By James Hibberd
Updated April 17, 2014 at 02:14 PM EDT

Game of Thrones

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Are you feeling sorry for him yet? Theon Greyjoy — that callous, ambitious, and ultimately murderous former Stark ward — has endured more torment than any surviving Game of Thrones character. After betraying the Stark family, Theon (Alfie Allen) was captured by House Bolton, where he’s been subjected to all sorts of physical and psychological torments at the hands of Ramsay Snow (Iwan Rheon).

Last year’s Theon scenes were tough for many HBO viewers to witness, and so far this season Theon’s situation doesn’t seem all that much better — he’s out of the dungeon, at least, but now seems utterly subservient and beaten down.

Not too many people compare Thrones to The Lord of the Rings now that the HBO drama has so thoroughly distinguished itself from that other fantasy classic. Yet Theon increasingly brings to mind Tolkien’s most sharply drawn character — Sméagol/Gollum. Like Tolkien’s creation, Theon has even embraced a new name: “Reek.”

We spoke briefly to Allen by phone shortly before the Thrones season premiere:

ENTERTAINMENT WEEKLY: What kind of comments did you get from fans last season?

ALFIE ALLEN: Really just empathy, although people who were close to me did tend to have a laugh. People did say, “It’s so hard to watch,” and as an actor that’s something you want to hear. I find that a compliment.

What can you tell us about this season?

Allen: It gets dark. I don’t think people will find it as hard to watch this year. It depends what kind of person you are. It’s more of a mental torture than it is physical. It’s daunting as an actor. I have to do more telling of the story with my eyes than with words. I’ve never really done that type before.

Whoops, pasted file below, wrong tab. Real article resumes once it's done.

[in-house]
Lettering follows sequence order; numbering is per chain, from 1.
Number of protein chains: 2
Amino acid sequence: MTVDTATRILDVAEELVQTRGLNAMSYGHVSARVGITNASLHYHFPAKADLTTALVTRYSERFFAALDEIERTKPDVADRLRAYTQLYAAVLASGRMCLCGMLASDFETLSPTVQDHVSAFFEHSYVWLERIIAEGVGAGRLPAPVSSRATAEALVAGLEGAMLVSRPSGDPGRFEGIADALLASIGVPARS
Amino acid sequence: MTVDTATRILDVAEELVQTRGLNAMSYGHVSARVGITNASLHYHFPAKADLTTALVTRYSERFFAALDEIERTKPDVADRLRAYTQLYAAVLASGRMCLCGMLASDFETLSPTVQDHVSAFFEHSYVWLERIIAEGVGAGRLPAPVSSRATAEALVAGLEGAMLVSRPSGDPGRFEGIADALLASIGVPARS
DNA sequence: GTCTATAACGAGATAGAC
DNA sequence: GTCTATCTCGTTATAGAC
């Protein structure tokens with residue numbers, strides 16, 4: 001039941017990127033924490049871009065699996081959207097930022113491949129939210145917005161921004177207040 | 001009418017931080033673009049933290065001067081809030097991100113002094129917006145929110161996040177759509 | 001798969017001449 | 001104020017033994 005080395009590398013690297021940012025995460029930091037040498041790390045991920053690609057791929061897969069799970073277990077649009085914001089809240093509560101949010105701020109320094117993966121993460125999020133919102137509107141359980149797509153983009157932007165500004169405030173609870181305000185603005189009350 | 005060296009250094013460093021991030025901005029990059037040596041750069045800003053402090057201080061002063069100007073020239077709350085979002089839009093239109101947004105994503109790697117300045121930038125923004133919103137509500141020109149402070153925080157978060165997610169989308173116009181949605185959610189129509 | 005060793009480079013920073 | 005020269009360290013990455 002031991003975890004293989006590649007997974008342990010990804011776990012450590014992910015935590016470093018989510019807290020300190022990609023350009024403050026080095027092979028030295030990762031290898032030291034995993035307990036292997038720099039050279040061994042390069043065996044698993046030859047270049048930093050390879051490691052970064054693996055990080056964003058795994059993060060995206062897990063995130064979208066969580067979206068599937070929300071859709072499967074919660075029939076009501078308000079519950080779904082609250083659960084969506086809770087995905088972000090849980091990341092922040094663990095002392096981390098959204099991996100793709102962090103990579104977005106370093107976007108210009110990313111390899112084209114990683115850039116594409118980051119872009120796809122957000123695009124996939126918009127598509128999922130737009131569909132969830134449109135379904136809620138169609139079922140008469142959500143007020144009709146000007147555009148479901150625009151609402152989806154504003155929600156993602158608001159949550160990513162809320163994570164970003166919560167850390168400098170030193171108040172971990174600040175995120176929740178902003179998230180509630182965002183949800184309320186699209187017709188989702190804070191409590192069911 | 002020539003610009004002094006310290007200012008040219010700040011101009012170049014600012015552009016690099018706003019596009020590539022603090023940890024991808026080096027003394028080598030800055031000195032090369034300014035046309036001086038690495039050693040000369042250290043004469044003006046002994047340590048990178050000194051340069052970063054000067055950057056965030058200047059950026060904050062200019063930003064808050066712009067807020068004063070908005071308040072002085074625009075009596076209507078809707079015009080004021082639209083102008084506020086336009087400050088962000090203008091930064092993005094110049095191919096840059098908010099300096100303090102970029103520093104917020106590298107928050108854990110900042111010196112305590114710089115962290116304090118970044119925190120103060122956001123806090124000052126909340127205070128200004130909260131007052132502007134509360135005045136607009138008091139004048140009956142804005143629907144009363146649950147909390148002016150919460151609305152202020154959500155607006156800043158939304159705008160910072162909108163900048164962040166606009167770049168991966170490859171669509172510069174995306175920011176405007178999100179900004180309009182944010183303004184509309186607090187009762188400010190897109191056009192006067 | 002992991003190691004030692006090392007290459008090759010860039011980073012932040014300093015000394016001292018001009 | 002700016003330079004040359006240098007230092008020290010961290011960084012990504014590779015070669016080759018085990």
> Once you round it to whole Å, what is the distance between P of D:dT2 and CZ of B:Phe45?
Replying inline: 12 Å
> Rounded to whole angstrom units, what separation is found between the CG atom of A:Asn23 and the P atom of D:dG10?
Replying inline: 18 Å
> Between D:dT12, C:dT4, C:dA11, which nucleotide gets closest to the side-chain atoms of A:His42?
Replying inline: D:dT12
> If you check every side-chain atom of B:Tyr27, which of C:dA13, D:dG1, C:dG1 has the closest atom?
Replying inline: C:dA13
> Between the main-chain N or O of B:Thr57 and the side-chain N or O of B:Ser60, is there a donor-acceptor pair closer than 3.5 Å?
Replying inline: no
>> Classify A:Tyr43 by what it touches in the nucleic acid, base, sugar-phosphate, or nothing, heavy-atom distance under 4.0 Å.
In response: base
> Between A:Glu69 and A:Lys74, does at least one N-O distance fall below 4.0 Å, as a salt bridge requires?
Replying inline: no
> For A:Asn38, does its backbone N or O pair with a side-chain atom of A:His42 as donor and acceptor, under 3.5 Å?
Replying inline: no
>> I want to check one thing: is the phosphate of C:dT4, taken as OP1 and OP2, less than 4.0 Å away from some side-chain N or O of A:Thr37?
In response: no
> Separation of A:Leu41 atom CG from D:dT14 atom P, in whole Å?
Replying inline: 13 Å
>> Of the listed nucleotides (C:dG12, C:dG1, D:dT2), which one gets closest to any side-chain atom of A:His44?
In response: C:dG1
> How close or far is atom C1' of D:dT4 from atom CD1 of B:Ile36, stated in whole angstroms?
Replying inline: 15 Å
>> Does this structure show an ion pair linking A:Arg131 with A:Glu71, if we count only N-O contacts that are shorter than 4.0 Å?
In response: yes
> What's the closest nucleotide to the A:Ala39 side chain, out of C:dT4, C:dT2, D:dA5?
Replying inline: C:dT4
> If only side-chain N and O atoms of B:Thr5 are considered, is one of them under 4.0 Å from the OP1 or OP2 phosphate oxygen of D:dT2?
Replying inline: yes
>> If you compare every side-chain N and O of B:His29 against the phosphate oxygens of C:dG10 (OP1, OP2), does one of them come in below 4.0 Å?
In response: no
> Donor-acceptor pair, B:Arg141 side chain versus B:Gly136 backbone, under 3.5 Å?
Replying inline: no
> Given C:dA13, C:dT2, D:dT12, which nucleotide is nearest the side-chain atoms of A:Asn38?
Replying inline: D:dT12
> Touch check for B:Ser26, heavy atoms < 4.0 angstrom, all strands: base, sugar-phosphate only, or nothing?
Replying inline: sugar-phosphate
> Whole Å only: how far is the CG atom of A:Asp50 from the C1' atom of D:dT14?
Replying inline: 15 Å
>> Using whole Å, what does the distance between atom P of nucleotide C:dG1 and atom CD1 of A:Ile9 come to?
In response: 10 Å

So not as much screaming?

Allen: Yeah, not so much this time. Oh, actually, there is some hoarse-throat moments for me, so look forward to that.

Theon’s journey is different, at least more detailed, than in the books.

Allen: I like it, because I don’t know what’s going to happen either, and as an actor that’s a luxury. I stopped reading the books at a certain point because I didn’t want it in my head. It’s good to be surprised. As an audience, I’m basically a fan like them.

In some ways your character is becoming like Daenerys (Emilia Clarke), in that she’s isolated from the rest of the cast in her own separate story.

Allen: That you put me and Emilia together is funny — I’m nowhere near as desirable! But it is cool, yeah. I just want to do it justice by [author George R.R. Martin, showrunners Dan Weiss and David Benioff] and keep it going. It was weird, because after the second season I didn’t even know if I was going to still be here.

So since you haven’t read the books, it’s fair game to ask: What’s the fate you would want for your character, who’s done evil things yet also suffered so much?

Allen: Whatever Dan and David are willing to give me. In my mind, anything goes. I’ll just wait and see. People who get brought down to earth tend to get humbled, so maybe for us to see more evidence of that would be great.

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Game of Thrones

HBO's epic fantasy drama based on George R.R. Martin's novel series 'A Song of Ice and Fire.'

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